Why is hair so controversial? Like many a beauty question, this heads straight off into the land of sexuality and health.*
A woman’s hair is soft to the touch, holds her scent, and is considered sensual in nearly every culture. Traditionally in the West, a married woman wouldn’t wear her hair unbound in public. Covering women’s hair is a religious act in the three monotheistic religions. Putting things plainly, loose hair on an adult woman is considered sexual. (Girls have generally been allowed to wear their hair unbound).
Hair is made of keratin, and like your fingernails, it shows your health. Lustrous long hair means you’re not just healthy now, you’ve been healthy (and well-fed) for years. Age results in gradually thinning and dulling hair in most women, and we are all familiar with the terrifying effects of chemotherapy.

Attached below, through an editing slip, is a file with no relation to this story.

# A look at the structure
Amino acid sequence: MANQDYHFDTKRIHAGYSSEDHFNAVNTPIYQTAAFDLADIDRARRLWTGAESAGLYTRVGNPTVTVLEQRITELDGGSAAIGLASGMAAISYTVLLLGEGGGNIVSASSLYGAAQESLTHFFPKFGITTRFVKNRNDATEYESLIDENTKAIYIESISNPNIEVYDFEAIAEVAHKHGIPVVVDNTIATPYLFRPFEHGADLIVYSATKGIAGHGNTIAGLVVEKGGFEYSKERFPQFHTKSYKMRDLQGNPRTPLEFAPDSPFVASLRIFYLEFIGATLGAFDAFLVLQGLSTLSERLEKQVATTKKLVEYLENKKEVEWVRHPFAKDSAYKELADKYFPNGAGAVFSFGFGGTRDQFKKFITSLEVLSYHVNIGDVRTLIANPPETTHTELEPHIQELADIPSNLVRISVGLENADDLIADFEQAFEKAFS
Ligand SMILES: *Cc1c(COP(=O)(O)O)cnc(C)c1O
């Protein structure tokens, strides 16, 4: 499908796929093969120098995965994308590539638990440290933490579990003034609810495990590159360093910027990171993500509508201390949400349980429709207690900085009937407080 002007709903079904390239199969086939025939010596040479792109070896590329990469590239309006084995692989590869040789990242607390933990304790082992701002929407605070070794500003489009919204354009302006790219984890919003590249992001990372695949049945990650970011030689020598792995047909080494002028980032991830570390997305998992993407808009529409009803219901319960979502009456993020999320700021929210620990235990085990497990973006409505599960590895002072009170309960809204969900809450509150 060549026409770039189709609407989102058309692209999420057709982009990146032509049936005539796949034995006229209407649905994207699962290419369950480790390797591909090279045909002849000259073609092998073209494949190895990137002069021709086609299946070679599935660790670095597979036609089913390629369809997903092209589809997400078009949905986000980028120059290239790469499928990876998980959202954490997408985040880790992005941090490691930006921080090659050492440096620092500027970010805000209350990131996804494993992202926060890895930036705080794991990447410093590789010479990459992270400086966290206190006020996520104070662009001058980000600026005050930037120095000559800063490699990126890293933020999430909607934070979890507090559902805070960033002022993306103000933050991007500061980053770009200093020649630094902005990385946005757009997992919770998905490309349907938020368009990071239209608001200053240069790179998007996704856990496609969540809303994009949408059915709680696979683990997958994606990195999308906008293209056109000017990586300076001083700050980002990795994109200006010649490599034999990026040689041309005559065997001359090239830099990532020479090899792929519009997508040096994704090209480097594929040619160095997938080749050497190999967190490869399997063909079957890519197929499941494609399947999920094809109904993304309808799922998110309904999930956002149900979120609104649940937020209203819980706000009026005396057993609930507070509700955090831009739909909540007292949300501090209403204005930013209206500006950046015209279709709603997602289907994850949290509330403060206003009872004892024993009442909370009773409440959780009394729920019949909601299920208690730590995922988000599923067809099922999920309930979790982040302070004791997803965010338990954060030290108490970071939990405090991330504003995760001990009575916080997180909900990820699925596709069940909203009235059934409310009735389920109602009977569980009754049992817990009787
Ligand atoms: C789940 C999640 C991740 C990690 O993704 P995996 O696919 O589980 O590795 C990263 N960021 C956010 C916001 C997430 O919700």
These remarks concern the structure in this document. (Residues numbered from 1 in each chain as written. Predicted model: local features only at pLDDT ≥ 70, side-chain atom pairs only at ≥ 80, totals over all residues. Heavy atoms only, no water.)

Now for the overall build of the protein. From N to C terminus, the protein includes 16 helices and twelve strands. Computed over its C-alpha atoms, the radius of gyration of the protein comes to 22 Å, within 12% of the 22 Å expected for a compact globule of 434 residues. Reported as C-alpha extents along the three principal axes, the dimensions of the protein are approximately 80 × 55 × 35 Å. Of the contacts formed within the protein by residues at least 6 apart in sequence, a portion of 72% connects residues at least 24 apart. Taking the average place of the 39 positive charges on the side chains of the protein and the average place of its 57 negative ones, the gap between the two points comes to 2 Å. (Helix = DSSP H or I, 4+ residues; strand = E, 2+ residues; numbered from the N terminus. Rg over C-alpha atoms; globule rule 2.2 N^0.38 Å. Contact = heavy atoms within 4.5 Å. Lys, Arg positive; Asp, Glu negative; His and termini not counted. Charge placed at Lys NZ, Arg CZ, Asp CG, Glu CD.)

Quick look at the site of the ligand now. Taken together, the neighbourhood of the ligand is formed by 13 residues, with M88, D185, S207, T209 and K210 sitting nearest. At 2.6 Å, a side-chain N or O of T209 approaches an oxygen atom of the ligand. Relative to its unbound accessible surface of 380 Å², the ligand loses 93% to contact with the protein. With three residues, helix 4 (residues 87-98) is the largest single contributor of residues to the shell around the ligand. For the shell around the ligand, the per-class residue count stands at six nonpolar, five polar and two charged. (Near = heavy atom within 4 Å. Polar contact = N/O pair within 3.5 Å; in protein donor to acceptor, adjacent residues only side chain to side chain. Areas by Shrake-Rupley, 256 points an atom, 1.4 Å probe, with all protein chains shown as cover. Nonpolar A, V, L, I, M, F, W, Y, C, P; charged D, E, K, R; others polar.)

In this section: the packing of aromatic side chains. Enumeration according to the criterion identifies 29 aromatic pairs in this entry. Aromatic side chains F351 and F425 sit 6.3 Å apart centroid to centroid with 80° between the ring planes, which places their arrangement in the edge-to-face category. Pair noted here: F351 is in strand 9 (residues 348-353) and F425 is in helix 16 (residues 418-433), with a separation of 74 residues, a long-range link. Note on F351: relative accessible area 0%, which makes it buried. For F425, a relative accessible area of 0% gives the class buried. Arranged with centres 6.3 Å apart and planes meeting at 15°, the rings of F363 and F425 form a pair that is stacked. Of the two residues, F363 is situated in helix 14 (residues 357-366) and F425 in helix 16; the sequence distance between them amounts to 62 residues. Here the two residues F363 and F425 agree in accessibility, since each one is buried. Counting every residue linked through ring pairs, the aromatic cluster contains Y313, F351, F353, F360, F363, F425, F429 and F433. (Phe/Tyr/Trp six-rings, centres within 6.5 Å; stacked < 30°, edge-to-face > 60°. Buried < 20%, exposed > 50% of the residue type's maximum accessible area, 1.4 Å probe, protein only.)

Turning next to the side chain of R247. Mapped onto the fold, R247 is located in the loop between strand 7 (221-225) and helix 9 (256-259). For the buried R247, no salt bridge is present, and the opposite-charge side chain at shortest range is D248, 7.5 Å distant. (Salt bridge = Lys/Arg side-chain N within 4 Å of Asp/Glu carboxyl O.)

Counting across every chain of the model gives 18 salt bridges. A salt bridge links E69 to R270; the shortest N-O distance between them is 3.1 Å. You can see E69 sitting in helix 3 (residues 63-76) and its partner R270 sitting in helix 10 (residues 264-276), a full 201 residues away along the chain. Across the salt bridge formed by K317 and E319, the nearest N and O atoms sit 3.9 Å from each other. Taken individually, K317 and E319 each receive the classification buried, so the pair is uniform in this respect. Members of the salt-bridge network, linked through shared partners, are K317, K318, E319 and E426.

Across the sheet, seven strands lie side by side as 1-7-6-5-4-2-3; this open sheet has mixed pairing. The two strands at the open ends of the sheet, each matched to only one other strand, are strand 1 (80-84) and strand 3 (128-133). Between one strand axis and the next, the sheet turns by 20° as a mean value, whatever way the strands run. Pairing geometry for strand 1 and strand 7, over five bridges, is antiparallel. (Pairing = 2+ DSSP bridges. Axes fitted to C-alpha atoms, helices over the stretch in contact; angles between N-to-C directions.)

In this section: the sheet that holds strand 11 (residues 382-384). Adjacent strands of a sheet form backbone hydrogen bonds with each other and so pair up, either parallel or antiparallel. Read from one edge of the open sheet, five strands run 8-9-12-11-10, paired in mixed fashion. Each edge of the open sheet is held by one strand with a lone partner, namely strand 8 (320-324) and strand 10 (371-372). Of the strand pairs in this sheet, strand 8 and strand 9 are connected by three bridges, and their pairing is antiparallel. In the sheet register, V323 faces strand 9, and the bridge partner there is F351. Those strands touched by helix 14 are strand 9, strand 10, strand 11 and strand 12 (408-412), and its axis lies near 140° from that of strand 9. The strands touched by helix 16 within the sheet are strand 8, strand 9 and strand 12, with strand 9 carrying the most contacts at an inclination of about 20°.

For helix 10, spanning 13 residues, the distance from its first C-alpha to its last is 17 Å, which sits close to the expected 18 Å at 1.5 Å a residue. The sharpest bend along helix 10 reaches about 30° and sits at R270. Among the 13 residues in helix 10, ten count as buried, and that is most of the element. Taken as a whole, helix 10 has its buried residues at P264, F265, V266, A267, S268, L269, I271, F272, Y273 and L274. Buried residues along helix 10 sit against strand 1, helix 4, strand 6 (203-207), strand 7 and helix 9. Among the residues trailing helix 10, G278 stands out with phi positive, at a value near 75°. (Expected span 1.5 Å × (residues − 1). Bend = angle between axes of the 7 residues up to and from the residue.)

Long hair, unless carefully dressed, can drag down a face already affected by gravity. This, as well as an unconscious nod to tradition, is why one generally finds middle-aged and older women with short hair. Short hair, is, of course, easier to up keep. (In theory – a sharp haircut takes quite a bit of upkeep in my opinion).
Those are the facts on the ground. What you do with those facts is up to you. With modern beauty technology, you can keep the shine in your hair just as you can keep its color. Is your face a bit looser than you wore it a decade ago? You don’t need to cut your hair off (which is going to horrify your husband – see above), you can just put it up.
If you wish to de-emphasize your femininity, you can cut your hair short. If you want to have a punk edge to your look, you can shave it off. The statement you make with your hair is incredibly important to your overall personal statement, and it should be chosen with care.
Yes. It’s all about sex. But really – how often isn’t it?
*Physical Beauty = mating potential (aka health) + social class, first principles